Hoping to raise $12,000, they’re up to $62,000 as of this evening, enough to print 50,000 copies and get a few more issues out. There’s no official publication for the protest, but this is one – and so far, successful – effort to get the participants’ story told. It’ll be online shortly and a video project has also met its funding goals at Kickstarter.

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Traditional Media And Responsive Web Design

It can actually happen – a newspaper getting Web design right. Check out the new Bostonglobe.com site that is getting good reviews all around.

Technically, this is not a redesign but a completely different site from boston.com, the Globe’s popular Web site which functions more like a community portal (and the news is buried in classifieds and event listings). The new site is news oriented – a readable newspaper on the Web that doesn’t require an App for a portable device. It’s paywalled (free until September 30), but incorporates a number of innovations that are worth checking out.

Most remarkable is the Responsive Web Design approach by designer Ethan Marcotte where the content on the screen seems to redesign itself in response to its context. For Marcotte, designers have taken false comfort from the increasingly explicit requirements – I need a site for an iPad, it has to render on a Blackberry – that has allowed them to compartmentalize design problems. But with the proliferation of devices, there’s no way to keep up – a “zero sum game” as he puts it – and a better approach is to do one design (and codebase) that renders across all platforms by redesigning itself on the fly.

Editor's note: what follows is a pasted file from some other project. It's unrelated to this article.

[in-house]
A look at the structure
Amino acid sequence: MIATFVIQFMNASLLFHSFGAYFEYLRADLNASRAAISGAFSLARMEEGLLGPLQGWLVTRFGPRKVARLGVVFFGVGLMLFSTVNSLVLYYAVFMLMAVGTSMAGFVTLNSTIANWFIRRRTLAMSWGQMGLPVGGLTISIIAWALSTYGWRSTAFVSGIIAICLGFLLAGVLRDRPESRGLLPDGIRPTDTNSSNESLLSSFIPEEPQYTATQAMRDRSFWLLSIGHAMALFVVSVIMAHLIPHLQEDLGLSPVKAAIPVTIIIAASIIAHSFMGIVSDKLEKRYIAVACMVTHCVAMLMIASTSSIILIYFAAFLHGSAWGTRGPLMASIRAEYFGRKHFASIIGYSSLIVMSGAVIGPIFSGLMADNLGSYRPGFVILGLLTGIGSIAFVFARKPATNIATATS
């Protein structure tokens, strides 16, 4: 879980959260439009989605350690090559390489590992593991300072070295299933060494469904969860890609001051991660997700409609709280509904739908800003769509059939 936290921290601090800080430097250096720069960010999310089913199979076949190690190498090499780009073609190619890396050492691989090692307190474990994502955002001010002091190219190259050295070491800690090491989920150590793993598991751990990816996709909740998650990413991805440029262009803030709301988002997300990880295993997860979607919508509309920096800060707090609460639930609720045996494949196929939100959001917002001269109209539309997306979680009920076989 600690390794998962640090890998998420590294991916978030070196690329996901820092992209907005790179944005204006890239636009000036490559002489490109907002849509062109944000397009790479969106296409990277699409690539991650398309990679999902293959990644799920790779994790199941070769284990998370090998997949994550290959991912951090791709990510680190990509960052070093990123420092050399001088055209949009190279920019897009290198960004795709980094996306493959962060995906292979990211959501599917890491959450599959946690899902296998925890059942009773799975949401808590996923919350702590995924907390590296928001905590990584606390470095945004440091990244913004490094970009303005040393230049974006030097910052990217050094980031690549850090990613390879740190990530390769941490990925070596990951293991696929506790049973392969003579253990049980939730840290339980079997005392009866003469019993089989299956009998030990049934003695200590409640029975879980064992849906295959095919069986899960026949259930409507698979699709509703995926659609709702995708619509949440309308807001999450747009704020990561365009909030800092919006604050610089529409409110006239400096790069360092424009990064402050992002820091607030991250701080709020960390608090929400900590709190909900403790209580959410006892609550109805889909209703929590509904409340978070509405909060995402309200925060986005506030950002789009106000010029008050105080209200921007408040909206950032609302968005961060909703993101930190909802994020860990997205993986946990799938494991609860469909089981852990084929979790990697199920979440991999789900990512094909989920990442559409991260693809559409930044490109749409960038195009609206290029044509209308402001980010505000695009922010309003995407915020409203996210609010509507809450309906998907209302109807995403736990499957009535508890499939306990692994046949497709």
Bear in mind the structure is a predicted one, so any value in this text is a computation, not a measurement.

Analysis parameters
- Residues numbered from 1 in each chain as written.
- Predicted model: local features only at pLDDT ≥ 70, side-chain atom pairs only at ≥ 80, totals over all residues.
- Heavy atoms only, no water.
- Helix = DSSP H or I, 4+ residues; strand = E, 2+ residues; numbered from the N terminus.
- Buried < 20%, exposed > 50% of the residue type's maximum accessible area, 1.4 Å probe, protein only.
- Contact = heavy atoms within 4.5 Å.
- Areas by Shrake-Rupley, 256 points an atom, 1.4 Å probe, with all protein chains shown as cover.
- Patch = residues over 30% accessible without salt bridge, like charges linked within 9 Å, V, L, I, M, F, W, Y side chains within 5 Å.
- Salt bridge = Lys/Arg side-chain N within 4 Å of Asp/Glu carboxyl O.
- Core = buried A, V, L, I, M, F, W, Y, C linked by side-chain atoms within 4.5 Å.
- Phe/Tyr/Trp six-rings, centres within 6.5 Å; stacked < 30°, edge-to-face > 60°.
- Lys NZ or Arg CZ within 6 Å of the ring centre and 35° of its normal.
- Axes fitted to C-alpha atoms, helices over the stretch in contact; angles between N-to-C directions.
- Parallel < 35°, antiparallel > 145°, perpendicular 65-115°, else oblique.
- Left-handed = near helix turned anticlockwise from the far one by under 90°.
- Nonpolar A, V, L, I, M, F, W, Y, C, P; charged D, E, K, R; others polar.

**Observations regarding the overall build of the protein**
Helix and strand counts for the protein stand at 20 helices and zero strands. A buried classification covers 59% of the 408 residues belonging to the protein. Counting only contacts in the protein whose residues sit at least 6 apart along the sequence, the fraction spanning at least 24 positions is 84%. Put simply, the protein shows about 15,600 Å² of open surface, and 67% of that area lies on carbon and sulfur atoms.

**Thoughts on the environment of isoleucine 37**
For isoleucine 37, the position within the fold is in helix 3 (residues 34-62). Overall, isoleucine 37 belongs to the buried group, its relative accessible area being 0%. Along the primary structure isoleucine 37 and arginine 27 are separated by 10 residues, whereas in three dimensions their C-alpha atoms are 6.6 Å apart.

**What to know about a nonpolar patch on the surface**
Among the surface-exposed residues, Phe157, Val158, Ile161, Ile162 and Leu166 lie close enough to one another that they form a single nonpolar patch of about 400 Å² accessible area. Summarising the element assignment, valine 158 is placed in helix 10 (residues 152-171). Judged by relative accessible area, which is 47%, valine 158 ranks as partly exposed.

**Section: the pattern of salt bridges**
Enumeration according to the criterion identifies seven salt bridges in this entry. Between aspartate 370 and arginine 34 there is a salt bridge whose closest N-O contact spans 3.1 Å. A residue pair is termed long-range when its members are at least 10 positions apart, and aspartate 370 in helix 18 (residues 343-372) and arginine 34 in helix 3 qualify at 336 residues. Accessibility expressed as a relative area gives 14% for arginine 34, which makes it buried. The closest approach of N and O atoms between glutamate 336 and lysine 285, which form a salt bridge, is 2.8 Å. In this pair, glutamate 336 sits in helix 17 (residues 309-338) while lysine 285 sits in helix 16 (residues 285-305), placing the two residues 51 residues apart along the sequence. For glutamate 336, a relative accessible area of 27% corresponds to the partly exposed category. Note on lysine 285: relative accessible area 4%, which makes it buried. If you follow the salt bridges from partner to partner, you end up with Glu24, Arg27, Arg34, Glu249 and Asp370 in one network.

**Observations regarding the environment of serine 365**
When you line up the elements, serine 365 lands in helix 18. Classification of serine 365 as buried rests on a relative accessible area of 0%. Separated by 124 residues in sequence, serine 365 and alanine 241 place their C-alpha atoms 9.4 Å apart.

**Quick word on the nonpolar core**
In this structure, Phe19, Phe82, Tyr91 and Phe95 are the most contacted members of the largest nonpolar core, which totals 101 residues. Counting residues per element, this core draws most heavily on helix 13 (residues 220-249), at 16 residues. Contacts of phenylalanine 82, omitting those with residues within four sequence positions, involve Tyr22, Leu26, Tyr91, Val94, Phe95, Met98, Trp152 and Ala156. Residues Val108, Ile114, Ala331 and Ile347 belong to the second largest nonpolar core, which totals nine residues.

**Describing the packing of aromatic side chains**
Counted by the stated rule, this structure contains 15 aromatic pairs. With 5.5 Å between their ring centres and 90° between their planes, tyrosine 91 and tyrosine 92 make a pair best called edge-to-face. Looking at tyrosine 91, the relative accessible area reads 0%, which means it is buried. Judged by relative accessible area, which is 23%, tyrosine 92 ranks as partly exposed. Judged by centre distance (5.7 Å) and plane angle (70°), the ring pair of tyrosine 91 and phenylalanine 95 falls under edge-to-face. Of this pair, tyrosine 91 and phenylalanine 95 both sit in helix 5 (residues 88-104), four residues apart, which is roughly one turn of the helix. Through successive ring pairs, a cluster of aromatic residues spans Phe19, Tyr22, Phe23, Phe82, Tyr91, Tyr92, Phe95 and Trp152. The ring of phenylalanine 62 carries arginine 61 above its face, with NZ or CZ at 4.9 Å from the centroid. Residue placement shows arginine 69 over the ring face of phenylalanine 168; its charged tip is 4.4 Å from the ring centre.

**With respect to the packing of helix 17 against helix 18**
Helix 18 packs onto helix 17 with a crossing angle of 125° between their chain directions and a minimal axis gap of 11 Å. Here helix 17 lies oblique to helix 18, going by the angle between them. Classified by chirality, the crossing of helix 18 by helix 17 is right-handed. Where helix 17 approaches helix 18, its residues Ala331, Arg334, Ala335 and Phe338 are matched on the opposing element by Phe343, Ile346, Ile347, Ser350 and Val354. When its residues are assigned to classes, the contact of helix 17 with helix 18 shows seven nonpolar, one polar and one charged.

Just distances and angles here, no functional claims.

A good analysis by Joshua Benton of the Neiman Journalism Lab describes it best:

Open up BostonGlobe.com on your computer, then shrink and grow the browser window to various sizes. On any page — most dramatically on the front page and section fronts — you’ll find the content resizing, realigning, and resorting itself as its viewport changes. It’s not just that things grow bigger or smaller — it’s that they change position and form. Shrink the front page and the top navigation — a list of the paper’s sections — collapses into a dropdown menu labeled “Sections.” Listing “News,” “Metro,” “Arts,” and so on makes sense if you’ve got 960 pixels to pay with — not if you’ve got the iPhone’s 320.

The design is clean, though not entirely minimal. Benton does some link counting and in comparing Boston.com to the new site, there are fewer links on the front page (312 to 160) and on the articles page (99 to 41). There’s still marketing but the number of links and the ads decrease significantly on a smaller screen.

Benton is not all praise here and there are a number of questions: will a quality experience attract readers willing to pay or will they stick with Boston.com or go elsewhere? It’s hard to say, but at the moment, it’s refreshing to see a clean, well-designed page by an old media institution.

Boston Globe Front Page

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Chinese Media Protest Over Train Crash – A Letter To A Young Child

Economic Observer spread on train crash

Economic Observer Front Page

Remarkable, powerful, and moving – there’s no other way to describe this. While most Chinese newspapers buckled under the censorship edicts issued for the seventh day coverage of the train crash, the Economic Times refused and published an eight page spread on the disaster. The graphic on the front page drove the point home: the emblem of the Chinese Ministry of Railways superimposed over a photo of the crash.  Perhaps even more startling is the text underneath the image which takes the form of a letter written to the two-year old child, Xiang Weiyi, who was rescued some twenty hours after the accident. The rescue was rolled out as a public relations coup by the government but quickly backfired on the Sina Weibo social network site where it was seen as more evidence of government incompetence and the desire to cover-up the accident. Indeed, it was around this time after the accident that the railway employees at the crash site started burying equipment, fueling the perception that they had something to hide. For all one knew, they could have been burying victims with the destroyed equipment.